Emotional abuse has been a large part of my life. The more I understand it, the angrier I become. Not just at the individuals, but at the never ending cycle. Those that abused me only did so because of what they experienced growing up, so I’m mad at whoever crushed their spirits, and all those before them, that ultimately led them to crush mine. I’m angry that the whole world of emotions isnt better understood, and so the victims become the perpetrators because they don’t know how to stop it and behave any differently. I long to see emotional intelligence acknowledged, understood, nurtured and protected in school, for all those that will never get it at home, but despair at how far away the UK is from realising how vital that is. 

So yeah, I’ve been abused. Thats still a strange thing to write. But it’s true. It was horrible and it’s stolen a lot of my life. I know I have many years left ahead of me, but I find myself grieving for the years that have been devoured by it, and the time spent now to recover from it. 

I don’t mean to sound ungrateful for what I do have, and my story indeed could have been much worse. But do you know what? It also should have been much better, and for that, I feel entitled to my anger, disappointment and grief. 

5 comments

  1. You are entitled to feel that way of course. I remember the work of admitting that what I went through was abuse. I swung from “yes” to”no” so much. Doesn’t matter your story, denial will be a part of it I think!

    Like

  2. “So yeah, I’ve been abused. Thats still a strange thing to write. But it’s true. It was horrible and it’s stolen a lot of my life. I know I have many years left ahead of me, but I find myself grieving for the years that have been devoured by it, and the time spent now to recover from it.

    I don’t mean to sound ungrateful for what I do have, and my story indeed could have been much worse. But do you know what? It also should have been much better, and for that, I feel entitled to my anger, disappointment and grief”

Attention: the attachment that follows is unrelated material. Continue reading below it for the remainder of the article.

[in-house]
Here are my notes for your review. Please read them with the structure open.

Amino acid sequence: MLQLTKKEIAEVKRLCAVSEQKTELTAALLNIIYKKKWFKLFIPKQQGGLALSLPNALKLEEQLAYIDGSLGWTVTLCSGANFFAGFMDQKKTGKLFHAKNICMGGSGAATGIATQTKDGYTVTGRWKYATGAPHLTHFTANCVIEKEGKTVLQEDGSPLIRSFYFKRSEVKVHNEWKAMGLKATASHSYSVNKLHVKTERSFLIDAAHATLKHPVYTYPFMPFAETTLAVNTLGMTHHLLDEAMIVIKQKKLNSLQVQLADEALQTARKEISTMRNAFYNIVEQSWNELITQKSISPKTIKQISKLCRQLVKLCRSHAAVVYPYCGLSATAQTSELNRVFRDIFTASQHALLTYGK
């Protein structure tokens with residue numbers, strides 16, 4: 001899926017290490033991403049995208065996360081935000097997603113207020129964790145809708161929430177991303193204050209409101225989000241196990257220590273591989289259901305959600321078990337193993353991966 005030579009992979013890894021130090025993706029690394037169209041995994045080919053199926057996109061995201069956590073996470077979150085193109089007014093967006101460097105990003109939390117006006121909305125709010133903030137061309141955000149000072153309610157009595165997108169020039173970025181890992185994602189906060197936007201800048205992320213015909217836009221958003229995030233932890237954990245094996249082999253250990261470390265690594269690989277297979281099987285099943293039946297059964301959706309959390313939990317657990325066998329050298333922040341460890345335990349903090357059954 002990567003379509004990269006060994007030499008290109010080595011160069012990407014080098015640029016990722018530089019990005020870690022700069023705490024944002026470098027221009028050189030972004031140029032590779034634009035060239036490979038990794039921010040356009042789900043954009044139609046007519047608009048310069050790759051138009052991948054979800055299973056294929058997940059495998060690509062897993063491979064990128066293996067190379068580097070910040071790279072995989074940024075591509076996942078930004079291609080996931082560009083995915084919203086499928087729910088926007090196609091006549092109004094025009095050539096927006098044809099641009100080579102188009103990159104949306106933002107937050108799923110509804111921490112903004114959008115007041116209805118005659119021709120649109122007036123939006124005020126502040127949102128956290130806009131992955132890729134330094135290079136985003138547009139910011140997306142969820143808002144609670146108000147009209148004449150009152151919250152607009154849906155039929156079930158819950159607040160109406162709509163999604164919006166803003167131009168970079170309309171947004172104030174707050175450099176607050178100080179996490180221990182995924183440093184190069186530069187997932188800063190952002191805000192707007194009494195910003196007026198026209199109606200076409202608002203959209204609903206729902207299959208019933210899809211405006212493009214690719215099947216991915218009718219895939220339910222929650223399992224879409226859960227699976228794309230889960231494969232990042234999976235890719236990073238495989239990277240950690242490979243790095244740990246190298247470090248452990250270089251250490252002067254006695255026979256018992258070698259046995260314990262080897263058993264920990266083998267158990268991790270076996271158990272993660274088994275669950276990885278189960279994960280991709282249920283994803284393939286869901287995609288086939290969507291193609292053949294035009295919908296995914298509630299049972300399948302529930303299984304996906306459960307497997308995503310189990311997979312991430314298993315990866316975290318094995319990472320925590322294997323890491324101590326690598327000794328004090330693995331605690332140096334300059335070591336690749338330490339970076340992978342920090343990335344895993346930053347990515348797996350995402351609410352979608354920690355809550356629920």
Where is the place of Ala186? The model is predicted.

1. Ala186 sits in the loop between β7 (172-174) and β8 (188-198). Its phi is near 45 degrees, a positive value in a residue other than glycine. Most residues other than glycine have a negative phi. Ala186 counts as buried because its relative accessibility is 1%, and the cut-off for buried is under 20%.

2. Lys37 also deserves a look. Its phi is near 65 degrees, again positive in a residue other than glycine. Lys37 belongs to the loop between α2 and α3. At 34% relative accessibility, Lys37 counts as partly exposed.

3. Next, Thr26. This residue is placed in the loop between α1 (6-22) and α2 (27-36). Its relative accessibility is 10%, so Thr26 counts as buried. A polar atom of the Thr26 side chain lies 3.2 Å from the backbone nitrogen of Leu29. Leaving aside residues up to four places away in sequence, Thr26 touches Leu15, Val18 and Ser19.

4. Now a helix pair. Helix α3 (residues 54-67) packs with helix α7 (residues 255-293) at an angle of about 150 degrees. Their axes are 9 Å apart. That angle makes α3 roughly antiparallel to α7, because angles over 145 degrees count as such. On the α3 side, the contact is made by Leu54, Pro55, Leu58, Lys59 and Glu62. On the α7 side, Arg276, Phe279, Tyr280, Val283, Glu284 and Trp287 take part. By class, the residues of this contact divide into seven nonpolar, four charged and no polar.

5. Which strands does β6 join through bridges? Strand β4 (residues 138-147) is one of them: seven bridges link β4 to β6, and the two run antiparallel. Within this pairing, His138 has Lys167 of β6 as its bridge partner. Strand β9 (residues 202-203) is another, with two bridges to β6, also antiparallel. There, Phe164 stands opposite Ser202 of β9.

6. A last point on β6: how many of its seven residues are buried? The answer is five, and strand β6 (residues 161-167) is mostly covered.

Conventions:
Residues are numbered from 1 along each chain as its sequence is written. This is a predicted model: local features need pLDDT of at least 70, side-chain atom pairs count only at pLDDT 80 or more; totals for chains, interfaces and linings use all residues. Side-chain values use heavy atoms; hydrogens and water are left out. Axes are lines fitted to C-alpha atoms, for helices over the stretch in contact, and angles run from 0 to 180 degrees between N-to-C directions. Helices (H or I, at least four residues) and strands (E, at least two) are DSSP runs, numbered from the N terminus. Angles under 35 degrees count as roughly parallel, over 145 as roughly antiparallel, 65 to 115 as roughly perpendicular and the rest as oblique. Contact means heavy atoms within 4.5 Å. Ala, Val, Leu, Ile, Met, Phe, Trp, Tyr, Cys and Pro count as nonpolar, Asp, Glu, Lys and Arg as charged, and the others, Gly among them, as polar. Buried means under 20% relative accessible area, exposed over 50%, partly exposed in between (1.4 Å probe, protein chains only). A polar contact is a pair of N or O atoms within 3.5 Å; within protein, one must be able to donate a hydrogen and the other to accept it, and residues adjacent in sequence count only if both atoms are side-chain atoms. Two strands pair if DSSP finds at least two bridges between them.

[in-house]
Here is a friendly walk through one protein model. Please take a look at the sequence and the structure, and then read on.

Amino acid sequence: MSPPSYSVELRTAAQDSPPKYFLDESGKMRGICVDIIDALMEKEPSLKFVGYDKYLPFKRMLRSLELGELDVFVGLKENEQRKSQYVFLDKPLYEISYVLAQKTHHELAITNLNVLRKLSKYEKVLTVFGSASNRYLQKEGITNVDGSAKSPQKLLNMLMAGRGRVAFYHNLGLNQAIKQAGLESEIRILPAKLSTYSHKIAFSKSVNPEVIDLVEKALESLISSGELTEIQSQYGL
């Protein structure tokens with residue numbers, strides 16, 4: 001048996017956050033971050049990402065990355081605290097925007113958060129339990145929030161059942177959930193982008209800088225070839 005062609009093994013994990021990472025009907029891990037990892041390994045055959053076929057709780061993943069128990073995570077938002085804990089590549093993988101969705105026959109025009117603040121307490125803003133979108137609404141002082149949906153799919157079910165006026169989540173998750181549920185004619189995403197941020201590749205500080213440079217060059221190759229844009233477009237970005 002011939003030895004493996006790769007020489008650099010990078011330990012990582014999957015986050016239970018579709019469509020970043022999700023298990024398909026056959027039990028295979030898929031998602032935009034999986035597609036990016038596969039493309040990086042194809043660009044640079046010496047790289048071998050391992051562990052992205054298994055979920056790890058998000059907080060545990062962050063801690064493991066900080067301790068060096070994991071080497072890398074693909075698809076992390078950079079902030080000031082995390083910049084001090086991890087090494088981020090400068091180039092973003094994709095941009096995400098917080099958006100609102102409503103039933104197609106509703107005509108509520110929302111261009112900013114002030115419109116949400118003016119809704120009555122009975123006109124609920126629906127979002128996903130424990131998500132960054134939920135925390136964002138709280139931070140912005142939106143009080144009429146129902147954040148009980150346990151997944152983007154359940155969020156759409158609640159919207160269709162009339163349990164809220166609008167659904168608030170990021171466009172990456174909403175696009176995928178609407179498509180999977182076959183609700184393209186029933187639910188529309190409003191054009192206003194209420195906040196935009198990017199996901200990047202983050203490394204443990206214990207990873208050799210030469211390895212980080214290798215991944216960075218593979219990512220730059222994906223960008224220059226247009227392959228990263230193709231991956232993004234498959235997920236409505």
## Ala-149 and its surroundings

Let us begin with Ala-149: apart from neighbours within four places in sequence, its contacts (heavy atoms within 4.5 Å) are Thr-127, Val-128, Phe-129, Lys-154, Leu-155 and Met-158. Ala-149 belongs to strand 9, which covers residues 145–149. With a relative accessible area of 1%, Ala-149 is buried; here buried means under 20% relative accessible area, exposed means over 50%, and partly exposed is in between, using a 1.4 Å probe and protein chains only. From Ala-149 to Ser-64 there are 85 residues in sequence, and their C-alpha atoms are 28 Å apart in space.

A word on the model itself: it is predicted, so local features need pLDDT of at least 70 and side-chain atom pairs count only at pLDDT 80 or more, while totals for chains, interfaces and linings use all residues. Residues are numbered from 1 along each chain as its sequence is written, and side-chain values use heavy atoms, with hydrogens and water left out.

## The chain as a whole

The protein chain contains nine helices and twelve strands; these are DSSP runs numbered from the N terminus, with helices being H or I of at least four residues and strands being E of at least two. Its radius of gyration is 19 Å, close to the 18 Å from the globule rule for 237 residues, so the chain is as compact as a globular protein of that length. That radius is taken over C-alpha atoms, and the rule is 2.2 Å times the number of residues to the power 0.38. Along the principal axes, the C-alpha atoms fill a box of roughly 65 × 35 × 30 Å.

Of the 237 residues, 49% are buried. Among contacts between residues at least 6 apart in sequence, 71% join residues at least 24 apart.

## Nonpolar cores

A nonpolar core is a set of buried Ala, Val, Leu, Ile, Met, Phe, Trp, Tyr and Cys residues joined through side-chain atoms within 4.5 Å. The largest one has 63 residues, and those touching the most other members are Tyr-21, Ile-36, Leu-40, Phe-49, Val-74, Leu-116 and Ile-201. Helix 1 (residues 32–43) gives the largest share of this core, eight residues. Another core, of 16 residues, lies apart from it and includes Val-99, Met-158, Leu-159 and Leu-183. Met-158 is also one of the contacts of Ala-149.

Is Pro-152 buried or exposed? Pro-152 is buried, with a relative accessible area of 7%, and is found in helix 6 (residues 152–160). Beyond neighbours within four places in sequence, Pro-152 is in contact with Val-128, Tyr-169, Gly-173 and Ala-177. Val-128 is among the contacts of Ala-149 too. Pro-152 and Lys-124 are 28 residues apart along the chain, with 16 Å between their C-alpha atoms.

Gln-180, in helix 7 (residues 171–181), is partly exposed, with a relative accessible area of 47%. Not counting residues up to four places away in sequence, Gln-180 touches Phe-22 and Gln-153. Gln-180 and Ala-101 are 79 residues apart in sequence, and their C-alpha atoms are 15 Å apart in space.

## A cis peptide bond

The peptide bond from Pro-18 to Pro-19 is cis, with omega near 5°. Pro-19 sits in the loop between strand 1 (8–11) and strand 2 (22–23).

10000000000000000000% love.

    I have found myself having the same problem with accepting it was abuse and putting myself in the “abused” category because of the same reasons as you.

    But yes, sadly we were both abused and it is not fair. And it sucks and we need to grieve all of our losses and that in itself sucks too!!!

    I think saying the story could have been much worse is invalidating ourselves. We would never say that to another person.

    I still remember waking up one day about 5/6 months ago and realising I had had in fact been abused and I couldn’t quite believe it!! but it is our truth and like the person says above, I think it is the denial that we swing in and out of that keeps us in disbelief. xx

    Liked by 2 people

    • It does suck!! And you’re right it does invalidate, which is what I’ve always done, but I’m moving towards having that acceptance and kindness to myself, hence the admission that do you know what, it still should have been better dammit! And we get to take the time we need to get over it!

      It’s an uncomfortable transition but a necessary one that I know we’ll be so much better for once we get through that grieving process, but it’s definitely a process that cannot be rushed. If only it was available to purchase in a can eh?

      Xxx

      Liked by 1 person